* Some 'tipping points' closer to being reached
* Loss of Siberian permafrost worrying, scientists say
By Nina Chestney
LONDON, March 26 The world is close to reaching
tipping points that will make it irreversibly hotter, making
this decade critical in efforts to contain global warming,
scientists warned on Monday.
Scientific estimates differ but the world's temperature
looks set to rise by six degrees Celsius by 2100 if greenhouse
gas emissions are allowed to rise uncontrollably.
As emissions grow, scientists say the world is close to
reaching thresholds beyond which the effects on the global
climate will be irreversible, such as the melting of polar ice
sheets and loss of rainforests.
"This is the critical decade. If we don't get the curves
turned around this decade we will cross those lines," said Will
Steffen, executive director of the Australian National
University's climate change institute, speaking at a conference
Despite this sense of urgency, a new global climate treaty
forcing the world's biggest polluters, such as the United States
and China, to curb emissions will only be agreed on by 2015 - to
enter into force in 2020.
" We are on the cusp of some big changes," said Steffen. "We
can ... cap temperature rise at two degrees, or cross the
threshold beyond which the system shifts to a much hotter
For ice sheets - huge refrigerators that slow down the
warming of the planet - the tipping point has probably already
been passed, Steffen said. The West Antarctic ice sheet has
shrunk over the last decade and the Greenland ice sheet has lost
around 200 cubic km (48 cubic miles) a year since the 1990s.
Most climate estimates agree the Amazon rainforest will get
drier as the planet warms. Mass tree deaths caused by drought
have raised fears it is on the verge of a tipping point, when it
will stop absorbing emissions and add to them instead.
Around 1.6 billion tonnes of carbon were lost in 2005 from
the rainforest and 2.2 billion tonnes in 2010, which has undone
about 10 years of carbon sink activity, Steffen said.
One of the most worrying and unknown thresholds is the
Siberian permafrost, which stores frozen carbon in the soil away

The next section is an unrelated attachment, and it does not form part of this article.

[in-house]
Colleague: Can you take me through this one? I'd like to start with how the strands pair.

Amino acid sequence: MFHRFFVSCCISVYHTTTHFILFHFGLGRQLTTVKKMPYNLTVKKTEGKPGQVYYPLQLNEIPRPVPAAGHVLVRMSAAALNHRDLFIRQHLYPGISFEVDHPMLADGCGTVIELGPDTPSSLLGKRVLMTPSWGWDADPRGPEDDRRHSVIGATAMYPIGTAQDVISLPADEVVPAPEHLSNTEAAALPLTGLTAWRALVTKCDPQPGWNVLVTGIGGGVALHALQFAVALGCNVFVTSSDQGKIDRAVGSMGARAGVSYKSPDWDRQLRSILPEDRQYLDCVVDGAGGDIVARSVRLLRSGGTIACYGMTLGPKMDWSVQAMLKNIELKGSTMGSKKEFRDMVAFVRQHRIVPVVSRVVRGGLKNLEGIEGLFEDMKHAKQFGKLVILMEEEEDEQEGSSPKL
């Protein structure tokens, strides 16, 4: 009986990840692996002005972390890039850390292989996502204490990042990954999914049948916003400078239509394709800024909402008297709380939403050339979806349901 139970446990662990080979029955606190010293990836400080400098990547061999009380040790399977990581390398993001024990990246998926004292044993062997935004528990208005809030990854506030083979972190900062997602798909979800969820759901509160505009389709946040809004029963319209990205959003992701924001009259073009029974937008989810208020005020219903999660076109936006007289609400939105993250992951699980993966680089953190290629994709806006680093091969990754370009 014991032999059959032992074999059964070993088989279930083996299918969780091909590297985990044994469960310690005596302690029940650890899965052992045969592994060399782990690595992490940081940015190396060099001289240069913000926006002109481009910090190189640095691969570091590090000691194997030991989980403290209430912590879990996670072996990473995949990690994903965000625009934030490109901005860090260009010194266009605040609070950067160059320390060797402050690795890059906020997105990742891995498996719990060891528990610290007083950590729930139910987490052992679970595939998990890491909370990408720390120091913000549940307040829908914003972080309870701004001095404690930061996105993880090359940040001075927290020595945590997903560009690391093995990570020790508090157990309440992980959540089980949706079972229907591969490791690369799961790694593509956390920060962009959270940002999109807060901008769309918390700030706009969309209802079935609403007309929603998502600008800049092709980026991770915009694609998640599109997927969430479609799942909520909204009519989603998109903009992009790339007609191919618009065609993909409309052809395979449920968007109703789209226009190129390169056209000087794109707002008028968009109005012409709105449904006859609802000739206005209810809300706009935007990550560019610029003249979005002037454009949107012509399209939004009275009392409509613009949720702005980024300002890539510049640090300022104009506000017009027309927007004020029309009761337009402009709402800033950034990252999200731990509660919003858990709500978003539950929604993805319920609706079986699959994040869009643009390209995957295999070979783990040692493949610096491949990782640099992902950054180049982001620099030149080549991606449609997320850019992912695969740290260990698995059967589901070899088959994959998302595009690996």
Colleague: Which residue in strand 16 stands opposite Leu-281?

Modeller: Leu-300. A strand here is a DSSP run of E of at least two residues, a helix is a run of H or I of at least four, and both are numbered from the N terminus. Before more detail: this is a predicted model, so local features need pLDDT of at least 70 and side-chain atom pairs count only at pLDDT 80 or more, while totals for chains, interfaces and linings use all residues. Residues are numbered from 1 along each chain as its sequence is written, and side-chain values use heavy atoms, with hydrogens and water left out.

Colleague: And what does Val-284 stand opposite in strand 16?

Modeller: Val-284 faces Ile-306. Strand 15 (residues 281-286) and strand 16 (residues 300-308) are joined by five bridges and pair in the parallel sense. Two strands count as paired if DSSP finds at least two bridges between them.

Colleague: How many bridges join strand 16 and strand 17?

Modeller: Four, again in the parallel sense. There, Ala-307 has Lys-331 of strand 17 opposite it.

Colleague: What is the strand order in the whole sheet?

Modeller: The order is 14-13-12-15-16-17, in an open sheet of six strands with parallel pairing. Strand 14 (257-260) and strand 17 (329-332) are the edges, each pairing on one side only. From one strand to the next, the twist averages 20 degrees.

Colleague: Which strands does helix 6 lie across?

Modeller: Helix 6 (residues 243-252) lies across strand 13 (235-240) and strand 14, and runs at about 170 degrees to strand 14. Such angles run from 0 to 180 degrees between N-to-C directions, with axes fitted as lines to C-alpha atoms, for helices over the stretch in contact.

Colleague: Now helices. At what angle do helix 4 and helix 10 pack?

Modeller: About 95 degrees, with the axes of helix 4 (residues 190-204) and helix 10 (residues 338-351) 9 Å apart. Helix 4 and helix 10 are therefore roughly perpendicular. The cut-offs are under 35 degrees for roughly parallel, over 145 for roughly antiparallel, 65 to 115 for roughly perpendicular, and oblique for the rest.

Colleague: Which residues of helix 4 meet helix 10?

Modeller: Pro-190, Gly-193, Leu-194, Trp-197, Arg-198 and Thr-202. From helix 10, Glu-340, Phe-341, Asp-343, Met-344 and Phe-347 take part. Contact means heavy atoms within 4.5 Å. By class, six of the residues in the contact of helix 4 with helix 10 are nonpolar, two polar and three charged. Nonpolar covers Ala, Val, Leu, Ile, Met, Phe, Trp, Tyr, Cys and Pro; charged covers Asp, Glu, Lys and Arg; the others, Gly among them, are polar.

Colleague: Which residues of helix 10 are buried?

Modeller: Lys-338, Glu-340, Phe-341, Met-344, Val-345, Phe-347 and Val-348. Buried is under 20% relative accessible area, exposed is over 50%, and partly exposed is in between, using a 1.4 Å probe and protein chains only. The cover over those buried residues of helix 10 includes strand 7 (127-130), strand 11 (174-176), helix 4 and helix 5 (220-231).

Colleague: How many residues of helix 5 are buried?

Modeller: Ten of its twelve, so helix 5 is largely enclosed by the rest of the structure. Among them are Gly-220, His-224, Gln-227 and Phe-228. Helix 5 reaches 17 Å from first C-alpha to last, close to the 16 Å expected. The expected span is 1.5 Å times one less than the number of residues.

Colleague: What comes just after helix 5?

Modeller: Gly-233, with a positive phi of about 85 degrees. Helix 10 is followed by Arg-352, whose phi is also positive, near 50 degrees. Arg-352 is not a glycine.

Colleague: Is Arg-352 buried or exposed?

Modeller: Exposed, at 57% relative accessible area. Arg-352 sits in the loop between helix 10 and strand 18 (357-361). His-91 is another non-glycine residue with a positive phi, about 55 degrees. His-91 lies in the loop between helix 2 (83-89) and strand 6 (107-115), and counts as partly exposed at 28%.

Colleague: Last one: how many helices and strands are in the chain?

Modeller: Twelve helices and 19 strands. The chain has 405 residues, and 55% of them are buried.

from the atmosphere.
"There is about 1,600 billion tonnes of carbon there - about
twice the amount in the atmosphere today - and the northern high
latitudes are experiencing the most severe temperature change of
any part of the planet," he said.
In a worst case scenario, 30 to 63 billion tonnes of carbon
a year could be released by 2040, rising to 232 to 380 billion
tonnes by 2100. This compares to around 10 billion tonnes of CO2
released by fossil fuel use each year.
Increased CO2 in the atmosphere has also turned oceans more
acidic as they absorb it. In the past 200 years, ocean
acidification has happened at a speed not seen for around 60
million years, said Carol Turley at Plymouth Marine Laboratory.
This threatens coral reef development and could lead to the
extinction of some species within decades, as well as to an
increase in the number of predators.
As leading scientists, policy-makers and environment groups
gathered at the "Planet Under Pressure" conference in London,
opinions differed on what action to take this decade.
London School of Economics professor Anthony Giddens favours
focusing on the fossil fuel industry, seeing as renewables only
make up 1 percent of the global energy mix.
"We have enormous inertia within the world economy and
should make much more effort to close down coal-fired power
stations," he said.
Oil giant Royal Dutch Shell favours working on
technologies leading to negative emissions in the long run, like
carbon capture on biomass and in land use, said Jeremy Bentham,
the firm's vice president of global business environment.
The conference runs through Thursday.